Trump's EPA proposes rollback of Obama emission standards

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Calling a new Trump administration proposal to roll back fuel efficiency standards "insane", Pennsylvania's Attorney General Josh Shapiro said the state would join 18 others, including California, to legally challenge the sweeping plan to scrap Obama-era rules that set increasingly higher standards.

The proposal released by the EPA and DOT says that the fuel efficiency standards raise prices on new cars, leading more Americans to drive older cars longer and making the roads less safe.

It argued that this policy change was necessary because the Obama administration's standards "raised the cost and decreased the supply of newer, safer vehicles". At least twelve other states and the District of Columbia follow California's rules.

"It's a proposal that attacks the states' right to protect people from risky pollution, one that no one -- not the American public, not the states, not even most automakers -- really wants, and one that's being presented to the public under the false and easily discredited guise of improving public safety", the statement continued.

The proportion of passengers killed in cars that are older than 18 years is nearly double that of cars that are newer than three years, according to a recent National Highway Traffic Safety Administration (NHTSA) study. Those standards target a doubling of the fuel economy standards to 50 miles per gallon.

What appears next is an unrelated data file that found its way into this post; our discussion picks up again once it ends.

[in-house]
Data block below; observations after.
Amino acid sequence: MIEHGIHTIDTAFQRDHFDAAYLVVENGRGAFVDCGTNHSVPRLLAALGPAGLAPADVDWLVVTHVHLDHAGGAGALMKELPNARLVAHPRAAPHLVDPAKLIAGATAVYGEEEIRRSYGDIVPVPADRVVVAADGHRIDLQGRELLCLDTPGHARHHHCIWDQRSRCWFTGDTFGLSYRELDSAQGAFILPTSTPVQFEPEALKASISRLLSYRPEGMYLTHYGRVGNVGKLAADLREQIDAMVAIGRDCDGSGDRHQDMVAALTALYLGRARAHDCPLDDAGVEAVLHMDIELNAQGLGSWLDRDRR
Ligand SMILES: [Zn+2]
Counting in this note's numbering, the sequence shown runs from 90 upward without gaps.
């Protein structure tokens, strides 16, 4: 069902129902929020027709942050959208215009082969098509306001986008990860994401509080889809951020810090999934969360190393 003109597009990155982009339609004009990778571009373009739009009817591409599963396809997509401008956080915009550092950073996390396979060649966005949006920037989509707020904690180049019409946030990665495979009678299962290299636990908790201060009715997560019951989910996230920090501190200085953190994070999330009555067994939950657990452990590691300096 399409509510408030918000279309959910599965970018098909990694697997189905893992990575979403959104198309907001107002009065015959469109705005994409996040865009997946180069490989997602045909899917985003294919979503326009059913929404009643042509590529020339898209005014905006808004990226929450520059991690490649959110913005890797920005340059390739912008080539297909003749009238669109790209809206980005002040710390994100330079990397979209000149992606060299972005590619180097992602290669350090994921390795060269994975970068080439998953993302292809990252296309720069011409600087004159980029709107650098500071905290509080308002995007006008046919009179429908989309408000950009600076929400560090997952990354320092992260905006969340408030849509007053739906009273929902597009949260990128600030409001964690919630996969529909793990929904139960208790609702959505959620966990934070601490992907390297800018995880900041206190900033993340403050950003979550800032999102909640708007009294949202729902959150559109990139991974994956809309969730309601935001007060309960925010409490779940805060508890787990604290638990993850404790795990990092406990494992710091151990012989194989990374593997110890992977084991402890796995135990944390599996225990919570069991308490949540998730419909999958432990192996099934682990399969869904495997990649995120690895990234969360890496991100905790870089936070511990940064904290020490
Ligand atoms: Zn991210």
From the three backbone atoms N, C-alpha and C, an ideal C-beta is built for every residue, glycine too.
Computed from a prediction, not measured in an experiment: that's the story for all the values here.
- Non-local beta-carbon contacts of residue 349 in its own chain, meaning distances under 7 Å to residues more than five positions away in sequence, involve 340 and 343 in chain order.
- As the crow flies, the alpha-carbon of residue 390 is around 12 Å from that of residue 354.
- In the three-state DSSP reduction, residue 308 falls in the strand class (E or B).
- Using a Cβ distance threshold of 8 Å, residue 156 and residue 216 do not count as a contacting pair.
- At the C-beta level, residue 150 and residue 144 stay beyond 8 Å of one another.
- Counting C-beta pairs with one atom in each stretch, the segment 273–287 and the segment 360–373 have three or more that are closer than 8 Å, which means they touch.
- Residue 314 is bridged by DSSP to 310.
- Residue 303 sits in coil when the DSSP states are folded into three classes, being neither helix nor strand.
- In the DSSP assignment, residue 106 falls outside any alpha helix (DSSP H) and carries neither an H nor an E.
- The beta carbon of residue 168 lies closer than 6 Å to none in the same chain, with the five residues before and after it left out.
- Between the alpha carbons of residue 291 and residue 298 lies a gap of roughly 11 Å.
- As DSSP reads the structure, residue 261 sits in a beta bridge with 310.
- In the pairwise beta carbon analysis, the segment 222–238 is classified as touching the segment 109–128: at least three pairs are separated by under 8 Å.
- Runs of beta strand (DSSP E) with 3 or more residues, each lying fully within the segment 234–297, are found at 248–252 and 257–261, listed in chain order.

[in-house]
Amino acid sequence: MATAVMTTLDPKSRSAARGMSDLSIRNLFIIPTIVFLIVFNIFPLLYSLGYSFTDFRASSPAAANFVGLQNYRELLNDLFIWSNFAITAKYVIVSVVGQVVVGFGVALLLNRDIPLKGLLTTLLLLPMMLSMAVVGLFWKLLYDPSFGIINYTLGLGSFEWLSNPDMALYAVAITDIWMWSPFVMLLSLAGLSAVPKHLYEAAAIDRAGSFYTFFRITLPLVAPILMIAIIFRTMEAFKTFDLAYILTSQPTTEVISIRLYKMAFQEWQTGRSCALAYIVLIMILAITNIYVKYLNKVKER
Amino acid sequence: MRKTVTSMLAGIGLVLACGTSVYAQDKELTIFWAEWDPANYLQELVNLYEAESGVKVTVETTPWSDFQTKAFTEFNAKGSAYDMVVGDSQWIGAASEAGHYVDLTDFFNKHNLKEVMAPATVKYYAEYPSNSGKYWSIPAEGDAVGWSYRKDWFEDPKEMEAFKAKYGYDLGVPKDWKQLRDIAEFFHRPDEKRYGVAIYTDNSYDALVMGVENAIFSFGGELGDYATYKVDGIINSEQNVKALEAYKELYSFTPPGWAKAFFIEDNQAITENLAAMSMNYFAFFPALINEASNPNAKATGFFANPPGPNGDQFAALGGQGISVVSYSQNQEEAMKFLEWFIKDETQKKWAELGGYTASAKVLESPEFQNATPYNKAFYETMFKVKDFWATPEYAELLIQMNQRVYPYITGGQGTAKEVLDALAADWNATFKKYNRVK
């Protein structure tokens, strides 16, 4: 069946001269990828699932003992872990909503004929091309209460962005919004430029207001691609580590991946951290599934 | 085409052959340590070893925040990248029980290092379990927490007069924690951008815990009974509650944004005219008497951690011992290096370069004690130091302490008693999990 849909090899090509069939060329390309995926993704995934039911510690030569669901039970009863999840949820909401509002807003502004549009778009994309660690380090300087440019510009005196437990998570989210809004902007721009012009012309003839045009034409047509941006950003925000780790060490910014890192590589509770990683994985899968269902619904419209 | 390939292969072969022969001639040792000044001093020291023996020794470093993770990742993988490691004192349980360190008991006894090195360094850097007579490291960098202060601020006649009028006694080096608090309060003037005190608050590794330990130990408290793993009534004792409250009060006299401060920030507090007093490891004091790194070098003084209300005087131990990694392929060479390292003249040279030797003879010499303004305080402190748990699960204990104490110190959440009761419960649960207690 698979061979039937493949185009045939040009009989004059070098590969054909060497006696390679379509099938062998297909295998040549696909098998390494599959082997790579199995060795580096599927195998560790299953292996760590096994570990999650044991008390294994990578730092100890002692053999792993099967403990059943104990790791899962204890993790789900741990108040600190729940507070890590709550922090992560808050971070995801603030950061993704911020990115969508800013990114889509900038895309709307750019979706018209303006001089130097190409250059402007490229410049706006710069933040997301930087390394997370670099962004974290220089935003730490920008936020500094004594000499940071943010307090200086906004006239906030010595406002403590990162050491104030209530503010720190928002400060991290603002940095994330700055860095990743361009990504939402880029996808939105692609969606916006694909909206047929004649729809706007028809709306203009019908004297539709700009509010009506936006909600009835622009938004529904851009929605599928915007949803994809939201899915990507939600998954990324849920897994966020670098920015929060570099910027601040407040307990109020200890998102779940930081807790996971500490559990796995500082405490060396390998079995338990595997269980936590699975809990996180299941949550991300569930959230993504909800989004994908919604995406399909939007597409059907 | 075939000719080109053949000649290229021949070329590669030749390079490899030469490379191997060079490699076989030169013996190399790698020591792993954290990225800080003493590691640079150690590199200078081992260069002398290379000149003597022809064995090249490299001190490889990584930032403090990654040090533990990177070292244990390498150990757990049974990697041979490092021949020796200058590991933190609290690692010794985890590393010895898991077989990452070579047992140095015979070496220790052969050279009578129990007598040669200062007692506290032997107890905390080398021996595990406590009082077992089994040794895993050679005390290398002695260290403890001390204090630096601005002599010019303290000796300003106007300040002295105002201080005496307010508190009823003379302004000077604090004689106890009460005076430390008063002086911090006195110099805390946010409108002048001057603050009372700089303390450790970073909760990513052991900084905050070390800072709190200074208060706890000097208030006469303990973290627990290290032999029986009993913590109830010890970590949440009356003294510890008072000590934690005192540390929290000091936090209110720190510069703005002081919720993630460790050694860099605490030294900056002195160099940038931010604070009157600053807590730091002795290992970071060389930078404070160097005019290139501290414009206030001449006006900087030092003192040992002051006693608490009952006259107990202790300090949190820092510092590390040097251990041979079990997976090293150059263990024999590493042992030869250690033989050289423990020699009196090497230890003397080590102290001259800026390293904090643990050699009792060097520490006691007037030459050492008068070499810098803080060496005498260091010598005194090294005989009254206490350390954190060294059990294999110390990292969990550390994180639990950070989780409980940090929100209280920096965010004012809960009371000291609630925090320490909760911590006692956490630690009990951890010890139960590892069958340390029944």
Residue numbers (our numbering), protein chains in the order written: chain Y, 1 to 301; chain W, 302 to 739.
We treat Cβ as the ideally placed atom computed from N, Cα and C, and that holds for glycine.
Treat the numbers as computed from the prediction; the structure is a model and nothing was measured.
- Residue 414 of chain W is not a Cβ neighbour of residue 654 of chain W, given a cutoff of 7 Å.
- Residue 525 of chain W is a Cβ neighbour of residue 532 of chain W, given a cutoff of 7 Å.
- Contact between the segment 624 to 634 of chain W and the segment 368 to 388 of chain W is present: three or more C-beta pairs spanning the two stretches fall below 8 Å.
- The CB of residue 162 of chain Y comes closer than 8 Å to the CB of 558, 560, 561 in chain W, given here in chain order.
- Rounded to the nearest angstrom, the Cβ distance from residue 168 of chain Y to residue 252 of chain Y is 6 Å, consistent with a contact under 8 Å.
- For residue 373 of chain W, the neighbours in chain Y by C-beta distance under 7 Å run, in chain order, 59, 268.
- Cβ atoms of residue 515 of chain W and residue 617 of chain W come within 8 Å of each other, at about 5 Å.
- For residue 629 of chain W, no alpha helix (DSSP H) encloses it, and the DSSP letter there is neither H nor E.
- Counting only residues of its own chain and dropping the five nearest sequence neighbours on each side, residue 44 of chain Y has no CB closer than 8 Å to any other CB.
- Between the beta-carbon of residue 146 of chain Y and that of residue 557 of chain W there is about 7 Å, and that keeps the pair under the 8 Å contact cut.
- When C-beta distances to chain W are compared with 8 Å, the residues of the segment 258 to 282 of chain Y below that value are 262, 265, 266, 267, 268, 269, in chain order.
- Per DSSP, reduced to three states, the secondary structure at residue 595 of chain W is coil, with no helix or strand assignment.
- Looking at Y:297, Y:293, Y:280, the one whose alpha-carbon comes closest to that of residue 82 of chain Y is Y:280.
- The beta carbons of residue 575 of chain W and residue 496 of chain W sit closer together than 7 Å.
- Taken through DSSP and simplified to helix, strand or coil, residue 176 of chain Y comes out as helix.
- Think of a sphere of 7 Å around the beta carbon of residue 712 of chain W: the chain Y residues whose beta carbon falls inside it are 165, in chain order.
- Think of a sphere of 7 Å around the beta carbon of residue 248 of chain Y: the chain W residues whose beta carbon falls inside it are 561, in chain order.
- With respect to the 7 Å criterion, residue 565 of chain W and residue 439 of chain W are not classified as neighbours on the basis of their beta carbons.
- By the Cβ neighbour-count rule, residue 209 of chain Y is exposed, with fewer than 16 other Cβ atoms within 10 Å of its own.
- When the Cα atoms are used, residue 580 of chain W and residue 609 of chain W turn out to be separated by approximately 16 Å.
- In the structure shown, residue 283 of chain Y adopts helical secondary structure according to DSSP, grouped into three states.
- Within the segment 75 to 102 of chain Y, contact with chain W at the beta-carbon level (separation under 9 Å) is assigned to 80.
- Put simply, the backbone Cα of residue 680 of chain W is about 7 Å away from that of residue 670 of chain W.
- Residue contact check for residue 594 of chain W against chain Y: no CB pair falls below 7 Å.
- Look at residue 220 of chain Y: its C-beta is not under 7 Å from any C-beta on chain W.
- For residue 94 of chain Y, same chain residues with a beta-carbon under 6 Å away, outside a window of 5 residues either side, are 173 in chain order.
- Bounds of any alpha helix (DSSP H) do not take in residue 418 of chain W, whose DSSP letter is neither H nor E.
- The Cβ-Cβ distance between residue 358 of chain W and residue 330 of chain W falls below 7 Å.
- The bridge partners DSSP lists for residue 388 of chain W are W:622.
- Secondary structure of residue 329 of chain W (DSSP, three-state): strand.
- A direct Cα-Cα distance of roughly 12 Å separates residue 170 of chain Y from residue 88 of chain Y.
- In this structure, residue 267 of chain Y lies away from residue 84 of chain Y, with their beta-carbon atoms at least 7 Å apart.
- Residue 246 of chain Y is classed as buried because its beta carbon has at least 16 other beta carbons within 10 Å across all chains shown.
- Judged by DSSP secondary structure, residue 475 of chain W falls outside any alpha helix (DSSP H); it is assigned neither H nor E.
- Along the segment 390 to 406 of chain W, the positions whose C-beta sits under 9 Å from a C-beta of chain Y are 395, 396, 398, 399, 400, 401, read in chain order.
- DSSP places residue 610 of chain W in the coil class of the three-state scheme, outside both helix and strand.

Schwarzenegger added that he's "sick and exhausted of these fake conservatives who believe in states' rights to make their own policies - as long as state policy is to pollute more".

We are delivering on President Trump's promise to the American public that his administration would address and fix the current fuel economy and greenhouse gas emissions standards.

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The argument may prove a tough sell in court, where attorneys for states and environmental groups will come armed with a wealth of data undermining it. Securing America's Future Energy, a group dedicated to reducing independence on oil, noted that vehicle prices have actually fallen 3 percent since 2013, even as overall inflation increased 8 percent. "These arguments are not new".

A lower emission standard would make it easier for them to make the vehicles more drivers want. "The data and science does not back up what they are trying to do, which is to eviscerate these California standards".

Those negotiations have gone nowhere. But any plans to freeze clean air rules and strip California of its power to set its own rules is drawing fire from members of both parties. "The administration is using a parade of horrors to justify an extreme rollback", said the Safe Climate Campaign. "There is no provision in the Clean Air Act for revoking a waiver".

Trump's proposal lowers that to around 35 mpg by the year 2020.

Another claimed benefit: More affordable cars. "They lead to the conclusion that safety will be impaired".

The states that have adopted California's emission rules together make up about one third of the USA auto market.